When you consider that the scientific name of the cacao tree, Theobroma, can be literally translated into “food of the gods,” it’s no wonder that we’re practically addicted to chocolate.

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Molybdenum

Thursday, July 21st, 2011

While you’re probably familiar with iron, calcium, zinc, and many of other minerals your body needs to function at peak levels, most people have never have heard of molybdenum. In fact, you might think you had caught some infectious disease if your doctor started talking about levels of this trace mineral. Molybdenum is an important mineral involved with everyday functions of the body.

Molybdenum ChartWhy is Molybdenum Important?
This little-known element helps every part of the body, from your brain to your liver, function properly. Molybdenum is essential for the proper metabolization of RNA and DNA, the acids that make up a large part of every cell in our body. This process converts food into energy, regulates blood sugar, and carries away the toxic bi-products. By helping our cells function properly and riding our body’s of toxins, Molybdenum prevents the development of cancer cells.

As a cleansing agent, molybdenum is particularly good at removing sulfite toxins from the human body. Because sulfites are commonly used in preservatives, most people are constantly adding them to their system through food and drugs. Without molybdenum, increased sulfite levels could cause symptoms similar to an allergic reaction.

Molybdenum also helps detoxify the liver, produce essential enzymes, and even prevents tooth decay. It is also critical to proper brain and kidney function. Low levels caused by genetic malformations, which prevent proper absorption, can lead to anything from neurological problems to mental retardation.  Impotence in older men can even be caused by abnormally low levels of this mineral.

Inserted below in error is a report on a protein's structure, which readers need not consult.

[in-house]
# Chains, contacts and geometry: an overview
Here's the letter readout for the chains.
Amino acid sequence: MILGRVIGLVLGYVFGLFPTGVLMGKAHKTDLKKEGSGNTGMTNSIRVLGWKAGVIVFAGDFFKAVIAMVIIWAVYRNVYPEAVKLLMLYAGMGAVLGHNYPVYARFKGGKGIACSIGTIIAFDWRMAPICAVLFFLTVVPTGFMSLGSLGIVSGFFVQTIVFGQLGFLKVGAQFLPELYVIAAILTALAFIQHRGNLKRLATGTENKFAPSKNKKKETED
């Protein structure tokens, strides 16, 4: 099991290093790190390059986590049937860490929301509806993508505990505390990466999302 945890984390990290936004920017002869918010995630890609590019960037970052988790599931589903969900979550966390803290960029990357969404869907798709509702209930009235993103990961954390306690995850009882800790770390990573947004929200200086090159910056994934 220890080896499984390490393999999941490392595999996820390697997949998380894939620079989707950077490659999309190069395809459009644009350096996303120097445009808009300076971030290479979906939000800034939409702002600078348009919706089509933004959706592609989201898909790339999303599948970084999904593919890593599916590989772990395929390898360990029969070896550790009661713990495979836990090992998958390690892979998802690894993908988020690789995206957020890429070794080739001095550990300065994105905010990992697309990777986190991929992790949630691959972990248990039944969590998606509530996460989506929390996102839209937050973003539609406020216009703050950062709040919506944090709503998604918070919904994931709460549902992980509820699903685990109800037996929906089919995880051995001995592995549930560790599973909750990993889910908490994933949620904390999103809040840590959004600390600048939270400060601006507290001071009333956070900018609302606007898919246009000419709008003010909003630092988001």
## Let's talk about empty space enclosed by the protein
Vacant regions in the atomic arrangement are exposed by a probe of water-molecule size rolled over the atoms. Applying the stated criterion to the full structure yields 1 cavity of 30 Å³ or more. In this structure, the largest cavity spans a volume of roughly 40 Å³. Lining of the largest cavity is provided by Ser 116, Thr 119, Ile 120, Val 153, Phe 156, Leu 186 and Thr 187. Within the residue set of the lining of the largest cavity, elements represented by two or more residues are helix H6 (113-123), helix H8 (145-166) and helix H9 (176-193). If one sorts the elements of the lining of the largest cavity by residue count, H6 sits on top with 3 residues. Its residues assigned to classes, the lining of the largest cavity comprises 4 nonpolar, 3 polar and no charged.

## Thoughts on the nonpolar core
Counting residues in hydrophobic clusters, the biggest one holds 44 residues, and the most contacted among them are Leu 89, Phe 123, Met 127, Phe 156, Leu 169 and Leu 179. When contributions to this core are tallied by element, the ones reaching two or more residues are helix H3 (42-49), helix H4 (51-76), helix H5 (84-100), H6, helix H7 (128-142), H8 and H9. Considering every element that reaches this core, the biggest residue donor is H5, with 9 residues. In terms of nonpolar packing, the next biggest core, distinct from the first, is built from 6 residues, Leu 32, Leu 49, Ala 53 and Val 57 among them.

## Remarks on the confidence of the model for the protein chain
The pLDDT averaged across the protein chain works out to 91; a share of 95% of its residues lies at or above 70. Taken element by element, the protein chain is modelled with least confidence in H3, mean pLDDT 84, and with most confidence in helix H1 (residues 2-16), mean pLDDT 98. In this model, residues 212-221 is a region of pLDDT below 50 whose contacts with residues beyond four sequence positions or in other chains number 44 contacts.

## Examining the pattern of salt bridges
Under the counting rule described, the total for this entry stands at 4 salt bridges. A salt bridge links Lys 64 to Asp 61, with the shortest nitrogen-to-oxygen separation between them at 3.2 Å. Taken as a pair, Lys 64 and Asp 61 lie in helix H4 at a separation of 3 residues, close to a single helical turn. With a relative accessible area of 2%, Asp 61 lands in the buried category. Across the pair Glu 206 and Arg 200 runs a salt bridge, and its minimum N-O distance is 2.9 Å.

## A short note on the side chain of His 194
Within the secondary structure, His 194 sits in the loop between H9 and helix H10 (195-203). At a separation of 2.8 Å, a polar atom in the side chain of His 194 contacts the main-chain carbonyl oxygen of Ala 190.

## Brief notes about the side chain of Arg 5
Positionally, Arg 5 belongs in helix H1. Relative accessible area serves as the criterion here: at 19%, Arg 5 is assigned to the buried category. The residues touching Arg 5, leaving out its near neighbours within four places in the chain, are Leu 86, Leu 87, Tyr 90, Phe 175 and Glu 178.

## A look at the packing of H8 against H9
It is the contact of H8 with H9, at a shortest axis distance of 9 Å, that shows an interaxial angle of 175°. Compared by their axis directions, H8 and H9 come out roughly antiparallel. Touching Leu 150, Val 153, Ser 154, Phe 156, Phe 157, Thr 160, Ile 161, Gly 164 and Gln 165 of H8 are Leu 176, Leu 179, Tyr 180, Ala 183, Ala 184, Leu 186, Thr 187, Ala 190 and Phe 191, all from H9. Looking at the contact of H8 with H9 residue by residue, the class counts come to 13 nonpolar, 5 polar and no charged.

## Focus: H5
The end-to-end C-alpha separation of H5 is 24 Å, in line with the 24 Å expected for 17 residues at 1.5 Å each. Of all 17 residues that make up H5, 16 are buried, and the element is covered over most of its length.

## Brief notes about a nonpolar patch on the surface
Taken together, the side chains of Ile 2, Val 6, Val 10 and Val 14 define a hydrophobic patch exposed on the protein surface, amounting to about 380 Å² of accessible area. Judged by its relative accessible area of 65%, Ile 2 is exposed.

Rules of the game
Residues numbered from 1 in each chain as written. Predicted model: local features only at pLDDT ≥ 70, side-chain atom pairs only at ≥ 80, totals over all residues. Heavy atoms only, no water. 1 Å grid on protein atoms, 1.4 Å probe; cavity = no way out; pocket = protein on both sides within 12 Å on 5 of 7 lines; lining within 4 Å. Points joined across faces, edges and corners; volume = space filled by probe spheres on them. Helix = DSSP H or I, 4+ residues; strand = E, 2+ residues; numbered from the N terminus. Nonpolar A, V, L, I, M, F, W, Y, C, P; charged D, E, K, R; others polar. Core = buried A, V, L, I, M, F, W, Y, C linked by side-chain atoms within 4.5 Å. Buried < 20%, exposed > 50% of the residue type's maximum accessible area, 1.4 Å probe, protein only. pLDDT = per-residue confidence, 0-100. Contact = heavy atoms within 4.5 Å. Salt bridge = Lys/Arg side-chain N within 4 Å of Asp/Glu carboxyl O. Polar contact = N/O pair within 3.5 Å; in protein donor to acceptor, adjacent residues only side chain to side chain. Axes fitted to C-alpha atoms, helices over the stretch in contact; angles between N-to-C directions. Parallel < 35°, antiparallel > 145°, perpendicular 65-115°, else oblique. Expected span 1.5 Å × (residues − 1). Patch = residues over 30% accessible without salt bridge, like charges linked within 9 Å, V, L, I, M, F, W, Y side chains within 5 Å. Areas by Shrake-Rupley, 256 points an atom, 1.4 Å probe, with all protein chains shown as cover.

How Much Do I Need?
Now that you know how important it is to get a sufficient amount of molybdenum, you’re probably wondering about your own body. Luckily, there’s no need to panic. Unless you have a genetic problem, you’re almost guaranteed to get enough of this trace mineral from your diet. Because molybdenum deficiency is so rare, an official recommended daily allowance (RDA) has not even been established. Opinions on the subject vary, but most experts agree that the 25 micrograms found in most supplements is enough to prevent problems.

Only a tiny amount of Molybdenum is needed for proper cell function and since it is a mineral you do not want to intake higher levels than necessary.  Too much can make your body lose copper, another important mineral, or cause gout, anemia, or diarrhea.

MolybdenumNatural Sources of Molybdenum
Lucky for us, molybdenum can be found in a wide variety of food sources. If you live in an area with hard tap-water, especially well water, this mineral-rich fluid probably contains molybdenum in addition to other important elements. While the highest levels of molybdenum can be found in legumes, leafy green vegetables, and whole grains, the type of food isn’t actually the biggest indicator of mineral levels. Because plants absorb this mineral from the soil, any plant product grown in molybdenum-rich areas will contain more than those cultivated in mineral-poor soil. This mineral can sometimes be found in animal liver and low-fat milk, as well.